Antenna Rotator Problems

The big beam has been freewheeling for nearly a month. I finally cranked the thing down and took a look. Feedling is broken and the rotator sounds like it has marbles rolling around inside it.

The rotator is an Alliance HD-73. I had always thought it was much better than the CDE AR-22 but upon investigation the HD-73 can only handle a wind load of 10sq feet. Most ham rotators do 15sq feet or more.

Before the misshap I had trouble keeping the beam aligned to the rotator box indicator. At one time that problem was due to a missaligned gear that was driving the pot in the rotator. The HD-73 uses a potentiomemter inside the rotator to vary the voltage to a meter inside the control box. Well, this time the pot was just fine. The missalignment was due to the pipe mast slipping in the rotator coupling. So, I drilled a hole through the clamp and into the pipe. I threaded the hole in the pipe and screwed in a big bolt. Sucker would not slip anymore.

The HD-73 does not provide any sort of breaking to the mast other than the inertia of the geared motor mechanism. After the mast was not allowed to slip anymore, the force of t he wind stripped out the gears in the rotator. So much for avoiding slippage. I guess maybe the KT-34 was a little too much, or maybe the rotor was a little too light. There was no downward force on the rotor. A side saddle mount to the mast included a thrust bearing that bore the weight of the antenna.

So now that mast is tilted over and the beam removed, I can concentrate on repair.

I have a 50 foot tilt over. The tilting over part is drill stem pipe. The pipe is hinged at the 20 foot mark to a plate that is supported on the top of two sections of rohn tower. Been using that since the early 70’s of the last century.

Once I had the mast tilted over I tied it down so that if we did have storms there would not be any more damage. We did have storms but the only damage was due to my forgetting the mast was tied down before trying to raise it. I wondered why it took such a strain. Before I figured out what was going on, I ended up with a bent mast.

Tried to bend it back. No way that was going to work without risking pulling the tower sections out of the ground. So now I am having to engineed a way to remove the mast entirely so that I can cut the bent section out of the drill stem and weld it all back together after reinforcing the pipe above the 25 foot level.

The first 25 feet of pipe is 3 inch. The rest is 2.5 inch. It was 2.5 inch that bent.

Took a look at repairing the rotator. Found a fellow who does that. He also sells rotators. Wants close to 500 bucks for a new HD-73. Wants 60 bucks plus parts and shipping to repair a wrecked HD-73. That is shipping both ways and I figure one way was going to be around 20 bucks. So we are looking at 60+20+20+60(?) or more. Possibly close to 200 or better for repair.

Panasonic has a brand new rotator with twice the wind load capacity of the HD-73 for 300 bucks.

Unfotunately in this part of the country a wind load capacity of even 20 sq feet is inconsequential. We get storms with straight-line winds approaching. 90mph. God help you if you get brushed by a tornado. So it really does not matter that I ended up with a used AR-22. It will work. There is not downward force since the thrust bearing takes up the strain. And now I no longer pin the mast to the rotator so slippage is possible. What I really need is a very good braking mechanism to hold the pipe mast from turning in the wind. Of couse I know if I had that, It would just shell out the rotator when I froget to release the brake.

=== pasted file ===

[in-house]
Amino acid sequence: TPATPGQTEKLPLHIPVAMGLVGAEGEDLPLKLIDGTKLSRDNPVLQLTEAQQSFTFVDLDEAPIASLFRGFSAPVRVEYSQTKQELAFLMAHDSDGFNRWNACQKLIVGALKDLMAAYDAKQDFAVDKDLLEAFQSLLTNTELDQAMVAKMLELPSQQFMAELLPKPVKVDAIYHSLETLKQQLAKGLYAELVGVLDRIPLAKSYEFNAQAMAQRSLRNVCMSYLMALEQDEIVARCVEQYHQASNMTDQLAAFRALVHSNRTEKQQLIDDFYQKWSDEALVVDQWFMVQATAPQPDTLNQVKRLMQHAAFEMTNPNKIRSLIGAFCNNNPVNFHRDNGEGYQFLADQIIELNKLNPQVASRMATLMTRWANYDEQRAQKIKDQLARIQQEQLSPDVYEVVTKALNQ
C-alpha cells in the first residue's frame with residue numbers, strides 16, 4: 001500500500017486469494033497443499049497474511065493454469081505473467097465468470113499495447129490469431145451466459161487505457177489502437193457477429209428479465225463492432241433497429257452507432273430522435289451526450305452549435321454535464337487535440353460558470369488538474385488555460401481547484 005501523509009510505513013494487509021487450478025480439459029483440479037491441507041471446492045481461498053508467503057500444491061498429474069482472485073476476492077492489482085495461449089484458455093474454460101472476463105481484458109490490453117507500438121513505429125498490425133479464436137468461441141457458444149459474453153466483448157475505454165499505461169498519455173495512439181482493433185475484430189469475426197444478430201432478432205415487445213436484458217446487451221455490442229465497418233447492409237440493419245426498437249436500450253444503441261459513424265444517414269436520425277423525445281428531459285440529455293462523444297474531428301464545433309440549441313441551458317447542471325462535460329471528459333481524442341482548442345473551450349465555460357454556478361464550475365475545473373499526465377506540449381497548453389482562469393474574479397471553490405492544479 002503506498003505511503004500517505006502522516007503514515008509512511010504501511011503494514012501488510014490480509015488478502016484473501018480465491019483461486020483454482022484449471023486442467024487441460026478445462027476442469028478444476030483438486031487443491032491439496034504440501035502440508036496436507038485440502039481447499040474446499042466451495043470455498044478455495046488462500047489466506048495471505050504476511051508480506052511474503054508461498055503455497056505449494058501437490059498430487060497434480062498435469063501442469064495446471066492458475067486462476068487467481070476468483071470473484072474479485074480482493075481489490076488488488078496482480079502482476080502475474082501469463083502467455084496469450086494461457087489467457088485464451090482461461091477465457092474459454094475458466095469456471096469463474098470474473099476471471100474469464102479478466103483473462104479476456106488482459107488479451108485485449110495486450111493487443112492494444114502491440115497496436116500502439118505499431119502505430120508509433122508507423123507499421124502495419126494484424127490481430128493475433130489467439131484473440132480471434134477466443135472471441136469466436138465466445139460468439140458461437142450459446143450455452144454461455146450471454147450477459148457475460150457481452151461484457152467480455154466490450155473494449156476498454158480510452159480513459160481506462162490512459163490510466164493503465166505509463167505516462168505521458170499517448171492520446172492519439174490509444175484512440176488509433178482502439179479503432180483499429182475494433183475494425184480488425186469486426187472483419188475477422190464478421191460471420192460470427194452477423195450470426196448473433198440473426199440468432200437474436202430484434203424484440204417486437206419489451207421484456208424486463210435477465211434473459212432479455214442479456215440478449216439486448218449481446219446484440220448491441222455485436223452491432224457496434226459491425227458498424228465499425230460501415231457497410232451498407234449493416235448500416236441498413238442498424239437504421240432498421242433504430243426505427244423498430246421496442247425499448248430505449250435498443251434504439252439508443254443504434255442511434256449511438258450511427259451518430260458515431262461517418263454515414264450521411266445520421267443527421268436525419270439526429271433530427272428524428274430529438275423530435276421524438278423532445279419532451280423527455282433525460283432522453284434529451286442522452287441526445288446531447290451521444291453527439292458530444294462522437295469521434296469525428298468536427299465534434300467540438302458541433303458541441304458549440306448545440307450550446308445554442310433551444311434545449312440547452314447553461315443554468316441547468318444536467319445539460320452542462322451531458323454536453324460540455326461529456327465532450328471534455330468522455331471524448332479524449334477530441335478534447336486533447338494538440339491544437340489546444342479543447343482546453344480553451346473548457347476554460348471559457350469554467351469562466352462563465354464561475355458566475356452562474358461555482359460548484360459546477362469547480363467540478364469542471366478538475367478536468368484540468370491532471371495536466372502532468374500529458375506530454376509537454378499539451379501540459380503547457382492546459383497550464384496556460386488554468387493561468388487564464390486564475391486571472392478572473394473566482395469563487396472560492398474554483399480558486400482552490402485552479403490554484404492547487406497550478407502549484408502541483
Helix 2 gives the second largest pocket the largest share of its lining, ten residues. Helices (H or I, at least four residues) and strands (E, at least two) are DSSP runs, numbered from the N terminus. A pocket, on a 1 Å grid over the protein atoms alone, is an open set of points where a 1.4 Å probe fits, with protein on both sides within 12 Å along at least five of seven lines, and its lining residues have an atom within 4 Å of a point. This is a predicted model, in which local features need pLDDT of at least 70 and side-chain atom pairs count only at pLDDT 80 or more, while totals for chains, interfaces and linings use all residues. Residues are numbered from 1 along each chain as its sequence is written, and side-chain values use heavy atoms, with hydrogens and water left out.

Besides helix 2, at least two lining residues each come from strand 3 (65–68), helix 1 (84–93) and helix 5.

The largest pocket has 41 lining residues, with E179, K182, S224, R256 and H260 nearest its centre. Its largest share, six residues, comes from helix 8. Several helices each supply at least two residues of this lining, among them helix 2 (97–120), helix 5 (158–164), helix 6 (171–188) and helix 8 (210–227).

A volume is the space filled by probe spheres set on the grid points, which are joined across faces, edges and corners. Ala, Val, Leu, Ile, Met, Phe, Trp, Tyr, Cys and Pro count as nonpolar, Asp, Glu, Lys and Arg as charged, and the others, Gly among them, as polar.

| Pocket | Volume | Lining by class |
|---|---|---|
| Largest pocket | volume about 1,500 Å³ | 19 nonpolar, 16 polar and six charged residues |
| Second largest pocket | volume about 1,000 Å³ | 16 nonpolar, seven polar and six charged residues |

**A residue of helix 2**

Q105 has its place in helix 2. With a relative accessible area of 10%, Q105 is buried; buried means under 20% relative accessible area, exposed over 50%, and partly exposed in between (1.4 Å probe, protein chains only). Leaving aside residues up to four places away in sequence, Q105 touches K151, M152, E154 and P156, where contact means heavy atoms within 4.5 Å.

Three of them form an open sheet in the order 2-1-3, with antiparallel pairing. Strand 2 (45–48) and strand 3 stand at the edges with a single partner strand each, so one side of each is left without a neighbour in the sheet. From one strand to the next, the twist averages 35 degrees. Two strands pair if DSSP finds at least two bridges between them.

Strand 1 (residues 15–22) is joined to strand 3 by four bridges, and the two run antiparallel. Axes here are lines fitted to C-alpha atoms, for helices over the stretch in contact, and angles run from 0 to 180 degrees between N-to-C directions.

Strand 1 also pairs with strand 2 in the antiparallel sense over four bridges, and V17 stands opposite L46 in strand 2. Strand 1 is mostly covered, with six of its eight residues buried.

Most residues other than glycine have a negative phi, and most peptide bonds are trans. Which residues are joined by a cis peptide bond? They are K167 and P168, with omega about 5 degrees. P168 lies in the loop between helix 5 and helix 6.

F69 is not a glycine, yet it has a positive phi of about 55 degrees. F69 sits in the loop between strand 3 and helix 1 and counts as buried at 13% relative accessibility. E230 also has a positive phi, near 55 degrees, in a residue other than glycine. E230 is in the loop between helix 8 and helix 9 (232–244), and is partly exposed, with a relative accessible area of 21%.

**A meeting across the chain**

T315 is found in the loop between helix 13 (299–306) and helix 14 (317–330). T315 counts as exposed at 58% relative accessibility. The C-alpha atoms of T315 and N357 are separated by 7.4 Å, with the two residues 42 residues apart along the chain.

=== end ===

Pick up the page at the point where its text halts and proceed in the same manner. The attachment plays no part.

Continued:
I have two old AR-22s. The AR-22s use two rows of ball bearings to support the rotating part against the non rotating part. But there are only six bearings on the top and six on the bottom. Those six are held spaced evenly around the perimeter by a band with spacers to keep the marbles in place.

The HD-73 had a full course of ball bearings top and bottom. I salvaged the balls out of the HD-73 and installed them in to one of the AR-22 rotators. The AR-22 with the extra balls will go on my auxilliary mast which will serve to hold a two meter beam and a multiband High frequency HF Moxon.

The remaining AR-22 will be used in the side saddle mount on the main tilt-over. It is going to be a 20 meter Moxon.

Both AR-22 rotators and their control boxes needed work. Both these rotators are four wire with really cheap screw connections in the base of the rotators. To prevent the screws coming loose with use, I decided to remove the screws entirely and solder the roator wire connections into the holes left by the screws.

As predictable the AC capacitors in both control boxes had aged ungracefully and need replacement. The replacement calls for a 120 to 150 mfd 50 volt AC capacitor. I did not have one of those. I did have a couple of 120mfds at 50 volt DC which when hooked back to beack. Minus to minus with the plus leads going to the old capacitor connections after the old capacitor is removed. That worked.

Caution, don’t install larger caps or caps of much smaller value. That will not work. I initially installed two 560mfd caps figuring that if 120mfd is good, 560 would be more good. Trouble was it was no good. I finally got the thing to work well by connecting a 120mfd and a 200mfd back to back.

Another thing that allows better preformance is clean and well lubringcated gear mechanisms inside the rotator. After cleaning and lubricating, both rotators functioned much better.

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